Which Way Is Up
by Nina Lindsay

On Some Sundays | Things with Seeds

Emergency | Body of Work

On Some Sundays In Some Cities Over Recent Months

Cut-up from a copy of The New York Times Sunday Review

Let’s acknowledge that people
eventually find out they have been misled.
The results are striking,

leaving a wake of fluttering pages and bits of binding.
Just like the language we use every day, but better:
worthwhile, and challenging, and not very likely to get easier.

The natural question is how long this situation can last.
To begin with, where do you keep 407 books?

The ones nobody has heard of

might have changed your mind.
What is necessary work, and what is puttering?
And what about that far more important but vaguer business of caring?

Through night-vision binoculars I watched
a collected hush of relief and wonder—
a perfectly tolerant world.

It still is not, nor could it ever be.
At least one thing is becoming clear.
I want to win.

Things with Seeds

The maple wing
a slice of lemon

the floor unswept
for months, under the side table

the dog shit someone left on my front walk
the slowly shredding

green compost bins lined up
in the thousands at the curb on Tuesdays


The three-story pit
a city-block wide

beneath the gallows-like
construction crane

where a three-year old throws
the pink cosmos

he yanked from a neighbor’s yard.
“Let’s go for a walk,”

his mother had said
after reading the eviction notice.

Now she works her anxiety
into morsels of spit, as if

worrying grape seeds
out of fruit and skin.

Her, of course,
and someday him

though not really: they’re imagined.
But the maple wing

and the lemon slice are real,
as are your thoughts, germinating,
and my fear.


This is what I do,
I go to the bus stop and wait.

My briefcase buzzes
with casually-tended distresses

and before me I see only warm bodies
making strangely beautiful movements

and a flickering around them.
If this all were to ignite,

what would I grab first?
The bus arrived and kneeling,

the woman who sometimes takes the 12
curling her eyelashes,

the man covered entirely
in empty knotted plastic bags?

This street, its cars and neighbors
and their heedless traffic patterns at the corners—

or any of my dreams? The pastry anxiety
or the flying, or the library never closing

or the one last night about the two postal clerks
who were married, and when they were both laid off

they didn’t know what to do, nor did the villagers
where they’d worked, the village where you could call

the post office at night
and one of them would answer,

and they’d come over, if you asked,
to comfort your children and their nightmares.

Body of Work

I’m in my arms, I’m holding myself in my arms,
without much tenderness, but faithfully, faithfully.

          — Samuel Beckett, Texts for Nothing 1

The sky bellowed and swayed.
The trick: staying rooted.

I was here. There were others,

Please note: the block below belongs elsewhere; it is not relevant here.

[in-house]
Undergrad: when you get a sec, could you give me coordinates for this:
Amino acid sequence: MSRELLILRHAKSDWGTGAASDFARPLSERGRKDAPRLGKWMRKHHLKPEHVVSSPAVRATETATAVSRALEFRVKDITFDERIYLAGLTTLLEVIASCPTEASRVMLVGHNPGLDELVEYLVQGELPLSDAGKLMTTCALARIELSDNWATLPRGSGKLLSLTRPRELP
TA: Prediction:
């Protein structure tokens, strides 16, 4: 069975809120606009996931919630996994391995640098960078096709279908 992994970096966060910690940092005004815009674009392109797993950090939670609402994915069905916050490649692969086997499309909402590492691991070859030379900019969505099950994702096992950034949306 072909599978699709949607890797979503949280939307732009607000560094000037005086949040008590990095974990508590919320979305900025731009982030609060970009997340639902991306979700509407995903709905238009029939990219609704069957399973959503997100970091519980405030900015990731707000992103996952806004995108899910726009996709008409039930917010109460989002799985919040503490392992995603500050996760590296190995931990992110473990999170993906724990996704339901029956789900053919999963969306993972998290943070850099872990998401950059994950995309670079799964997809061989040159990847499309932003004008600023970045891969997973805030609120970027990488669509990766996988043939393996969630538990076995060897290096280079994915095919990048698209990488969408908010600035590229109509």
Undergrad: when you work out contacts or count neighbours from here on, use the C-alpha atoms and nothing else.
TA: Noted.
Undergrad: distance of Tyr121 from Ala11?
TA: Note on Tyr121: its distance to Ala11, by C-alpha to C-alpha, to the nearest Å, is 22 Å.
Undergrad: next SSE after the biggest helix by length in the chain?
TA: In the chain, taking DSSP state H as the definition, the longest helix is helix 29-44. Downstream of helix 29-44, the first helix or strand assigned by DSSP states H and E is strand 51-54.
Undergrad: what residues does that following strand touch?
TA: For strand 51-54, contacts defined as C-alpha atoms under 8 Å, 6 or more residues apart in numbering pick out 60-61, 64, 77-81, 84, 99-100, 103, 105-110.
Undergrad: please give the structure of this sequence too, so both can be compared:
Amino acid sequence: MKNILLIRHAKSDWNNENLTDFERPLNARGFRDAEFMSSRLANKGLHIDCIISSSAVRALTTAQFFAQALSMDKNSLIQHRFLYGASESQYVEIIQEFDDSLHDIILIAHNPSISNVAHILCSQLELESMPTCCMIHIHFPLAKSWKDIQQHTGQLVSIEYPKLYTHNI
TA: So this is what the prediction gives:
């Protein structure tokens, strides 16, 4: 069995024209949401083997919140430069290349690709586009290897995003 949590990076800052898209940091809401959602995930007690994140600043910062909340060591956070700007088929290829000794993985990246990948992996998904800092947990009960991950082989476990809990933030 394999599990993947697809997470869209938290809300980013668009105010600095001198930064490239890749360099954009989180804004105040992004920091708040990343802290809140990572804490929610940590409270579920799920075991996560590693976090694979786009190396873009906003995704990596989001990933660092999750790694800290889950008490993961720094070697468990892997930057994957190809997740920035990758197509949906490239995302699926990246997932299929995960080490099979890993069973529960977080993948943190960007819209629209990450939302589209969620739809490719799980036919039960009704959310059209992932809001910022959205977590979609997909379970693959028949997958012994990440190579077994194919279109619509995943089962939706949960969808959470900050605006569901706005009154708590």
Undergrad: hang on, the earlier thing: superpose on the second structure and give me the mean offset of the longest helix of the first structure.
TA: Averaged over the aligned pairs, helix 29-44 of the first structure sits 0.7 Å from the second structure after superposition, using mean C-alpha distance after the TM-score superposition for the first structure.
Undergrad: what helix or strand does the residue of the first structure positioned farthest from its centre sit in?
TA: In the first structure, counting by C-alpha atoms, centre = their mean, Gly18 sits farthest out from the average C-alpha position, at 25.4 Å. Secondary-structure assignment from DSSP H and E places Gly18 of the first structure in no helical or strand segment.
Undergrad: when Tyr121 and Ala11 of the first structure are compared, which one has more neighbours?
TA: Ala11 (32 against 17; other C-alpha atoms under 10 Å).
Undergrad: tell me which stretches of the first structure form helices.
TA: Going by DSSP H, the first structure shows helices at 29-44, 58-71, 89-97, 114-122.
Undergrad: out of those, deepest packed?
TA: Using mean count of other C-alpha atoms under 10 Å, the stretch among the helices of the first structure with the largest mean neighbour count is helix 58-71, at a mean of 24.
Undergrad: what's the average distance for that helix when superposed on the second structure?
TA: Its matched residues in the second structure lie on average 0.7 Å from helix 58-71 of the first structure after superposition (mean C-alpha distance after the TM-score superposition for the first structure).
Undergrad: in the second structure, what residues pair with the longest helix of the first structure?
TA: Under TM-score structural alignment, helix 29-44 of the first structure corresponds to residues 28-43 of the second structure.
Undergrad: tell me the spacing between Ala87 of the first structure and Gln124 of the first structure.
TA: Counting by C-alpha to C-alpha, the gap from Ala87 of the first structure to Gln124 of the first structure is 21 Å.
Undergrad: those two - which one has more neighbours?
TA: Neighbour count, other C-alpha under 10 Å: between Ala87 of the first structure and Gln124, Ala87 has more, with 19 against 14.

pulling time up around them—

it wasn’t pretty.
I tried to let the mess in, to upend it,

but I only made a mess.
Tried doodling to harbor thought,

but couldn’t think.
Turned out:

I was the mustard on the table, and the salt.
Couldn’t go anywhere, without myself.


So I sat before the stage
and shut my mind.

A man put on ideas like coats and hats.
Each one filled, then drifted off

like a plastic bag on air. Another.
I stepped into the thought—

hard work, skimming hope
from a hardpan of regret.

The sky now tethered,
now unloosed.


And I found it was there:
joy when I asked.

The boy pressing the button for the traffic signal
over and over, just to hear it chirp.

Towhee hopping along the bench,
withdrawing its complaints—got the whole thing to itself.

The rain coming through, one more time,
a last encore, because it heard our praise.

And then two girls wobble past
on skateboards, not caring how they look,

wanting us to look,
holding hands, and I remember

the feeling of a friend’s hands in my hair
combing and smoothing and dividing it for braids.

Why does loneliness sit on top?
I was never alone.


The sky bellows and sways.
What luck: knowing which way is up.

I am here: there are others
gathering their things to exit the theater of day—

a body of work.
Sometimes, our day’s accomplishments only reveal

the audacious wreck of the real and imagined world.
Hard to take, but there are places where it sort of shelters,

or where gestures brave no structure at all.
Turns out:

if we hold the house up, we can set our own table.
But you knew that, didn’t you.

Nina Lindsay’s poems have appeared in Prairie Schooner, Kenyon Review, Plougshares, Third Coast, Colorado Review and many other journals, including Mudlark, Poster No. 77 (2008) and Flash No. 69 (2012). She is the author of two collections of poetry, Because and Today’s Special Dish, from Sixteen Rivers Press.

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